Offer in Compromise Requirements- Choosing Between the Types of Offers
Lump Sum Cash Offer
A taxpayer may choose the lump sum offer, which is defined as an offer where the taxpayer makes five or fewer installment payments within 24 months after the offer is accepted. “If a taxpayer submits a lump sum offer, the taxpayer must include with the Form 656, Offer in Compromise a nonrefundable payment equal to 20 percent of the amount. This payment is required in addition to the $150 application fee” (IRS.gov, “Topic 204 – Offers in Compromise,” 8/22/2013). Under the offer in compromise requirements, the nonrefundable amount cannot be returned to the taxpayer if the offer is either rejected or accepted. Instead, it will be applied to the taxpayer’s liability.
Periodic Payment Offer
The periodic payment offer is defined as an offer where the taxpayer makes six or more monthly payments within 24 months after the offer is accepted. When the taxpayer submits the offer, he or she must also submit the proposed installment payment along with Form 656. This payment is required in addition to the $150 application fee. Similar to the lump sum cash offer, the twenty-percent first installment payment is nonrefundable. “Also, while the IRS is evaluating a periodic payment offer, the taxpayer must continue to make the installment payments provided for under the terms of the offer. These amounts are also nonrefundable” (“Topic 204”). The first and successive installment payments are all applied to the tax liabilities. The “taxpayer has a right to specify the particular tax liabilities to which the periodic payments will be applied” (“Topic 204”).
Appealing a Rejected Offer in Compromise
When the IRS rejects an offer in compromise, the taxpayer is notified by mail. In the letter, the IRS will explain the reason for the rejection and will provide also detailed instructions for how the taxpayer may appeal the decision to the IRS Office of Appeals.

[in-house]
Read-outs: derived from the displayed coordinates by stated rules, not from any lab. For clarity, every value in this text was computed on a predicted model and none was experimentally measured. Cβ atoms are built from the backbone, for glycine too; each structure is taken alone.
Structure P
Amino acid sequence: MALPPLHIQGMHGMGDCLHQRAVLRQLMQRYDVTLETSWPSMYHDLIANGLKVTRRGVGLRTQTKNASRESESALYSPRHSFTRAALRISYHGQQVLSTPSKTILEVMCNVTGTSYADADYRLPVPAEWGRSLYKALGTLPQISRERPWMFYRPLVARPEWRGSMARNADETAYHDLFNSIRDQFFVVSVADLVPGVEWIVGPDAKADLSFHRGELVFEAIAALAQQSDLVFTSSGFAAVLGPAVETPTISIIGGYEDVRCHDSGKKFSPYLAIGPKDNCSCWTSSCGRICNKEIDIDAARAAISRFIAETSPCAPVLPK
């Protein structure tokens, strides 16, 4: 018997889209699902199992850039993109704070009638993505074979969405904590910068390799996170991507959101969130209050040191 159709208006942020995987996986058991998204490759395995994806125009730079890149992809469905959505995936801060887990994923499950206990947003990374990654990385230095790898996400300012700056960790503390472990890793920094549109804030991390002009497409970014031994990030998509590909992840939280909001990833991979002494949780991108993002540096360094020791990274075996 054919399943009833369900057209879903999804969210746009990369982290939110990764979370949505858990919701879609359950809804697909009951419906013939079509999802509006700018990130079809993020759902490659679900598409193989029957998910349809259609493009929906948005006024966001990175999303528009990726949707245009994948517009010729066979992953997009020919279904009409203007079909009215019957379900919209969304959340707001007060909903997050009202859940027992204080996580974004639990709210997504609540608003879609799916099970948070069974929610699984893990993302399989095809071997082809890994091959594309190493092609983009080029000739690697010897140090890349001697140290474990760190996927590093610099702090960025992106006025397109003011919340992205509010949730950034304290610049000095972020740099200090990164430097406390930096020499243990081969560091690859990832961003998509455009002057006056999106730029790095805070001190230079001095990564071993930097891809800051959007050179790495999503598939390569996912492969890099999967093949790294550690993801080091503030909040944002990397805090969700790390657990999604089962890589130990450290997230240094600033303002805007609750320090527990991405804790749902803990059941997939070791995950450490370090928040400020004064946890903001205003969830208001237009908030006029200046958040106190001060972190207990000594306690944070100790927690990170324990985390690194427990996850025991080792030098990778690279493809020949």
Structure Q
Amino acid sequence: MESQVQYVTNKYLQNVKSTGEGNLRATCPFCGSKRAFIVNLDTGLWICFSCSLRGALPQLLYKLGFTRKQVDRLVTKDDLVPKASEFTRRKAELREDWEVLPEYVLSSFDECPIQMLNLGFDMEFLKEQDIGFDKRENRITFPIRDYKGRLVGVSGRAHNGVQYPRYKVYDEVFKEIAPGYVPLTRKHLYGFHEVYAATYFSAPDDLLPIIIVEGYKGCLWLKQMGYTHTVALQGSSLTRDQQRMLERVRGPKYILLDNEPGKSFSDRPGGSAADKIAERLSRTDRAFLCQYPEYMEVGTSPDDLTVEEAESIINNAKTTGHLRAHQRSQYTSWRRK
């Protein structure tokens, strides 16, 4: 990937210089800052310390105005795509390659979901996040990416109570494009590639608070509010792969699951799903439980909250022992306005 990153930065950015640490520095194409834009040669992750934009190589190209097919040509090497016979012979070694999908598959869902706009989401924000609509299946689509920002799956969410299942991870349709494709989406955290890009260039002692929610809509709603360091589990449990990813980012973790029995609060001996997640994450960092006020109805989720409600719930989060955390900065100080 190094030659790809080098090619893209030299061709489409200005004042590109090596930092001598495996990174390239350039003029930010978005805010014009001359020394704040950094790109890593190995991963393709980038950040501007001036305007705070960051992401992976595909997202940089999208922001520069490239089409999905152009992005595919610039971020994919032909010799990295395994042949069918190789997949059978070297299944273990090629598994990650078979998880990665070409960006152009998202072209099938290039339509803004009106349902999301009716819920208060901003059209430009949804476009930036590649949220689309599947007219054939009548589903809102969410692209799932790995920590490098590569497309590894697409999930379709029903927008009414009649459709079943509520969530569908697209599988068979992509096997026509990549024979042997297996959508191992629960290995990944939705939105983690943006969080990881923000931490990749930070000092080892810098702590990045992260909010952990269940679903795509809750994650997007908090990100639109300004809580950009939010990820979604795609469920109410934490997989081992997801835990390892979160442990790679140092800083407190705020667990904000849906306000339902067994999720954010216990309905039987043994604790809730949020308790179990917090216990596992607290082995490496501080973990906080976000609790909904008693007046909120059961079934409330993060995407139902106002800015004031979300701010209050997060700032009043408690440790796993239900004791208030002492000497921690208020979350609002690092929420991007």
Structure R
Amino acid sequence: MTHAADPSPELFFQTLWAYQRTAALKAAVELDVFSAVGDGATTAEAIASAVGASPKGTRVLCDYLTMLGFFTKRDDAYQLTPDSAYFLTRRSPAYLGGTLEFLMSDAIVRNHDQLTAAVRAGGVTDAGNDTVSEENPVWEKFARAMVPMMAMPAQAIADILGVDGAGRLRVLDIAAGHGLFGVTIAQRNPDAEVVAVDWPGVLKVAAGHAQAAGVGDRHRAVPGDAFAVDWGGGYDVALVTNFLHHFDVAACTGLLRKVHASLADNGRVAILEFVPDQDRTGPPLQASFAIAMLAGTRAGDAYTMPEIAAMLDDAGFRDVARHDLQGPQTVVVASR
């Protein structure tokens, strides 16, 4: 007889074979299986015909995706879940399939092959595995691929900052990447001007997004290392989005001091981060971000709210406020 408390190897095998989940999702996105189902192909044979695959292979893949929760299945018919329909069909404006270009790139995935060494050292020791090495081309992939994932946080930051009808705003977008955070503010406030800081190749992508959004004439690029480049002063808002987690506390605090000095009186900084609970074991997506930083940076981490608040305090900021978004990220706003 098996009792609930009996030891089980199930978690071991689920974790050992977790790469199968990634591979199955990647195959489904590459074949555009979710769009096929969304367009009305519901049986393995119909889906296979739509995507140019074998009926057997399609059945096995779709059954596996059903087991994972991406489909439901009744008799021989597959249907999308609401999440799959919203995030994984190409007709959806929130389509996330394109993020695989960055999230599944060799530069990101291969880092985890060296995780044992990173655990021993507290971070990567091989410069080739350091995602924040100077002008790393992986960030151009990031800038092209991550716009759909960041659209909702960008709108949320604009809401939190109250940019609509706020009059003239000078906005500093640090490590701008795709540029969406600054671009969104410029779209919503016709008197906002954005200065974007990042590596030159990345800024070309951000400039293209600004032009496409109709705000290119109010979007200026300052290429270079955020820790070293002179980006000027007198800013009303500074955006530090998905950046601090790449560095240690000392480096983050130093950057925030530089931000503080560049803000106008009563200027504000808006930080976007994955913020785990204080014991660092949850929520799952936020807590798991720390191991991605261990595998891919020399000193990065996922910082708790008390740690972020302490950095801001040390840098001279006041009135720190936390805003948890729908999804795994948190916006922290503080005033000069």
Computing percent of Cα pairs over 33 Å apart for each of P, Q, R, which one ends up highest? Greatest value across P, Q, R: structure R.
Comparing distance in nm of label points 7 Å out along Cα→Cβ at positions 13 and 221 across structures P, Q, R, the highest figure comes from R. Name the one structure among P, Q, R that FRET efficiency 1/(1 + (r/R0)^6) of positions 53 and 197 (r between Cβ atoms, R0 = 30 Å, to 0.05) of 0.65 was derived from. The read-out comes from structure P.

All appeals must be made within 30 days from the date of the letter. Some offers in compromise are returned because the taxpayer failed to provide necessary information specific to filing for bankruptcy, failed to pay the application fee, or failed to file tax returns and/or pay the current tax liability. In this case, returns are different from rejections. The taxpayer has no right of appeal when the application is returned.
Offer in Compromise Requirements - Collateral Agreements
A collateral agreement is specific to offers in compromise. A collateral agreement is defined as the ability of the government to “collect funds in addition to the amount actually secured by the offer or to add additional terms not included in the standard Form 656 agreement, thereby recouping part or all of the difference between the amount of the offer or additional terms of the offer and the liability compromised” (IRS.gov, “Part 5. Collecting Process, Chapter 8. Offer in Compromise, Section 6. Collateral Agreements,” 8/24/2013). If the taxpayer refuses to enter into a collateral agreement, this refusal may serve as a basis for rejecting the taxpayer’s offer.
Keep in mind that collateral agreements are not used to accept an offer where the amount is less than the taxpayer’s current financial condition. Instead, a collateral agreement is specifically appropriate where “significant recovery is anticipated or securing a collateral agreement will facilitate resolution” (“Section 6. Collateral Agreements”).
Tips for a Successful Offer in Compromise
A larger number of offers in compromise applications are returned because they are incomplete. The IRS cannot process an offer if it is missing elements specific to applications and related documentation. To be eligible, all filers must not have an open bankruptcy case, must have filed all federal tax returns at issue, must have filed payroll tax returns and deposits at issue for the last two quarters, must pay the required application fee ($150), must complete and submit Forms 656, 433-A, and/or 433-B (if necessary), and must be current with estimated taxes and income tax withholding for the current year.
The most important tips for a successful offer in compromise is to pay the offer amount; file all tax returns on time; allow the IRS to keep any tax refunds, payments, and credits to reduce your tax liability; and continue to let the IRS keep any tax refunds payable to you even after the offer in compromise is approved.
Lastly, choose a tax professional to help you with the offer in compromise requirements. Because of the complexity of the process, taxpayers often hire a tax professional knowledgeable about the dynamics of the program. You want a tax professional that is experienced and knowledgeable about this area of tax law and truly understands your offer in compromise requirements.